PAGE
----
Dr Sarah Halimi, a 65-year-old Jewish grandmother, was beaten and thrown out of a window of her third-floor home in Paris. A Muslim male of Malian descent, who also lived in the block of flats, was charged with her murder. At time of writing, his trial is still pending. Neighbours – including Muslims – stated that they heard the man shouting religious slogans in Arabic during the killing, including sections of the Qur’an.
Concerns were expressed that the French authorities and media were reluctant to mention the religious dimension of the crime. The protesters – Jewish groups, prominent intellectuals and some political figures – were particularly angered by the absence of an anti-Semitic element to the charge against the assailant. Dr Halimi’s attacker had pleaded temporary insanity: he had been smoking cannabis heavily before the attack and psychiatrists have been divided as to whether he was fit to stand trial. Ten months after the attack, the courts formally reclassified Dr Halimi’s death as “murder with anti-Semitism as an aggravating factor”.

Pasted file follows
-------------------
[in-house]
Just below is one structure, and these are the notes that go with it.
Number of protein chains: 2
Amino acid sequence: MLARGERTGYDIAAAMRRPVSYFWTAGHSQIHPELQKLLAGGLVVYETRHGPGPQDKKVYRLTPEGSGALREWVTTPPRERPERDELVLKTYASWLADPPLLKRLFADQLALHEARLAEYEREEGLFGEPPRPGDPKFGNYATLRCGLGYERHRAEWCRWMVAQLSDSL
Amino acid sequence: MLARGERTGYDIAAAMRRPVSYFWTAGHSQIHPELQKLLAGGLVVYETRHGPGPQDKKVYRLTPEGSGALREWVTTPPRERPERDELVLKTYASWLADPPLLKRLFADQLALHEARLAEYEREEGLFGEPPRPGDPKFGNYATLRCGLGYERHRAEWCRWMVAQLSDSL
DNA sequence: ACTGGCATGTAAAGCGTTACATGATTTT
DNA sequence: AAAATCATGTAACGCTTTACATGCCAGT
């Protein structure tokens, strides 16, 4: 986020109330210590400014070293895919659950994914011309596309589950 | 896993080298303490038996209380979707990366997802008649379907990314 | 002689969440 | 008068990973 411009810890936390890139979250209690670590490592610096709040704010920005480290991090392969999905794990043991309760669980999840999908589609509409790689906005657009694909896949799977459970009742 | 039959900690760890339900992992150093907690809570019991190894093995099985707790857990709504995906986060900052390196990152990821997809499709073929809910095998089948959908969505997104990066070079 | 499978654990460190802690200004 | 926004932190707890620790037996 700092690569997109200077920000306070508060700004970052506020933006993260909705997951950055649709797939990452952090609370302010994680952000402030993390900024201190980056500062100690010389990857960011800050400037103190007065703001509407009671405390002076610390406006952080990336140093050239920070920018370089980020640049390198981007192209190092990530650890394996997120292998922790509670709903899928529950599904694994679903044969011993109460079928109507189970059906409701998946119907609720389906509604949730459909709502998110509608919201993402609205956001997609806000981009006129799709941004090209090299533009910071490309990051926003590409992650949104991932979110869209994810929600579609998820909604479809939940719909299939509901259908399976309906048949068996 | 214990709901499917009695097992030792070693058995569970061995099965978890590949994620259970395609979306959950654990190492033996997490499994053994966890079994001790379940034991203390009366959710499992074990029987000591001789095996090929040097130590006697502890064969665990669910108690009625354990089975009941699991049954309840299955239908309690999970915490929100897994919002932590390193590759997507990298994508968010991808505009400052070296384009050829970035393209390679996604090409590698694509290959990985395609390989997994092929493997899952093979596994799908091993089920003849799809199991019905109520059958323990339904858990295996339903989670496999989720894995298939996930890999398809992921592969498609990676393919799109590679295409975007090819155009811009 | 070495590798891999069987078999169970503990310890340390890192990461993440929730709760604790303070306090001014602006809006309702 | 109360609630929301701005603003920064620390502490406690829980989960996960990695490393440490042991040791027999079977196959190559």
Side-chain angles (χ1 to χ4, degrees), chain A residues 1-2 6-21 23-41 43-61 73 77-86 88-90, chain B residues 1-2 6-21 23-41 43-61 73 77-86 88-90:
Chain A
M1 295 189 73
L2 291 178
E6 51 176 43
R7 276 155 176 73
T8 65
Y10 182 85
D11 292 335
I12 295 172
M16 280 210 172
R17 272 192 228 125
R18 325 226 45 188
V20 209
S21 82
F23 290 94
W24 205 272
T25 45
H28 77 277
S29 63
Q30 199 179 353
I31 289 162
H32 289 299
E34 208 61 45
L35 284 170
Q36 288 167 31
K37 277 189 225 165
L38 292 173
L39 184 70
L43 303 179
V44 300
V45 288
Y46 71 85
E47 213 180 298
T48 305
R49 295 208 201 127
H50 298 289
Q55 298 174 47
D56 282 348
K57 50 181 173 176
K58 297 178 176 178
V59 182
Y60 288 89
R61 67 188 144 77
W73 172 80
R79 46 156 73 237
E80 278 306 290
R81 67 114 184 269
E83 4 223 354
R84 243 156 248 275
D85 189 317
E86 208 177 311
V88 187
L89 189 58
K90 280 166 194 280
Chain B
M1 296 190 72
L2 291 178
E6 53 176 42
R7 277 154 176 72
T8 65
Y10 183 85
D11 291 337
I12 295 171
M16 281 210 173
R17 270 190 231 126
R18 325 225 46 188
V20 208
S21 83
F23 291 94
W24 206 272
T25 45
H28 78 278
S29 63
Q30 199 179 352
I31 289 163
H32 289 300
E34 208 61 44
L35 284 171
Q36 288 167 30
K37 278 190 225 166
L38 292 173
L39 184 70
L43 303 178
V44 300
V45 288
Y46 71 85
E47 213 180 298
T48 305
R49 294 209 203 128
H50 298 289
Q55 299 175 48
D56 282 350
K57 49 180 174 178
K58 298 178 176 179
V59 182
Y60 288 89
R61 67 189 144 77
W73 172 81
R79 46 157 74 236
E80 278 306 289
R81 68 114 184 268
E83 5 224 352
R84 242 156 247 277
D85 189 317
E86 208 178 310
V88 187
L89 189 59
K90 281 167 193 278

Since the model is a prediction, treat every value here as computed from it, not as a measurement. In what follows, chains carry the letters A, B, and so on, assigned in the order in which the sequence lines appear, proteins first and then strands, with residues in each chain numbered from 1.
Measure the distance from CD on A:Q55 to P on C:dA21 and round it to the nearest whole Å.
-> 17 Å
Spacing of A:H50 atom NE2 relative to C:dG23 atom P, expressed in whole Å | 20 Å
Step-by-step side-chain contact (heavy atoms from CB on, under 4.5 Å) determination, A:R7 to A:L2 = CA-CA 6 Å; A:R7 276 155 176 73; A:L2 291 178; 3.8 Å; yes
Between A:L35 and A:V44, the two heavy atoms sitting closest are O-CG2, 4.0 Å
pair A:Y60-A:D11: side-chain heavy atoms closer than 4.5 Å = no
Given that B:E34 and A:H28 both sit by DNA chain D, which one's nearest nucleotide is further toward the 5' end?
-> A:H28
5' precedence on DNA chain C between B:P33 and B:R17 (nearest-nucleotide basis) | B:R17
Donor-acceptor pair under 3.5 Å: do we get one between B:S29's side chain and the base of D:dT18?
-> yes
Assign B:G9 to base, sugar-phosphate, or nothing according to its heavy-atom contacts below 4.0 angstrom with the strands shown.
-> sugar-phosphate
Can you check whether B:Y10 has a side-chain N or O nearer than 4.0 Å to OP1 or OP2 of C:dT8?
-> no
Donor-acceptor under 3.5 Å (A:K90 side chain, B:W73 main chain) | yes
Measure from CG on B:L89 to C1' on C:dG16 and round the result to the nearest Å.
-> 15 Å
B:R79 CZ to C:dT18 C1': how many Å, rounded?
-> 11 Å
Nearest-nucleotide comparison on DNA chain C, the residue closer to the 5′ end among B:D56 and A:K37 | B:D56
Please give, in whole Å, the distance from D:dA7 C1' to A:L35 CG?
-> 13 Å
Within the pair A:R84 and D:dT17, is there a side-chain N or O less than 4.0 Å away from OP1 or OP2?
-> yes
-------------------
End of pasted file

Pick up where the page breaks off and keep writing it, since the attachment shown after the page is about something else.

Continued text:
The extent of anti-Semitism is France is highlighted by the fact that, less than a month after the judge confirmed that Sarah Halimi’s murder was motivated by anti-Semitism in late February 2018, 85-year-old grandmother and holocaust survivor Mireille Knoll was repeatedly stabbed in her home by two men. Her body was later burnt.
France is home to Western Europe’s biggest Jewish population and many in the 400,000-strong community have complained for years of a rise in anti-Semitic hate crimes. In the face of such attacks, recent years have seen a sharp rise in emigration of Jews, with many going to Israel.
The death of Dr Halimi prompted renewed media comment, highlighting surveys pointing to a rise of anti-Semitism, especially among radicalised sections of the Muslim community.
Jewish Chronicle, 24th August 2017, 12th July 2018; Telegraph, 28th February 2018; Jerusalem Post, 26th June 2018.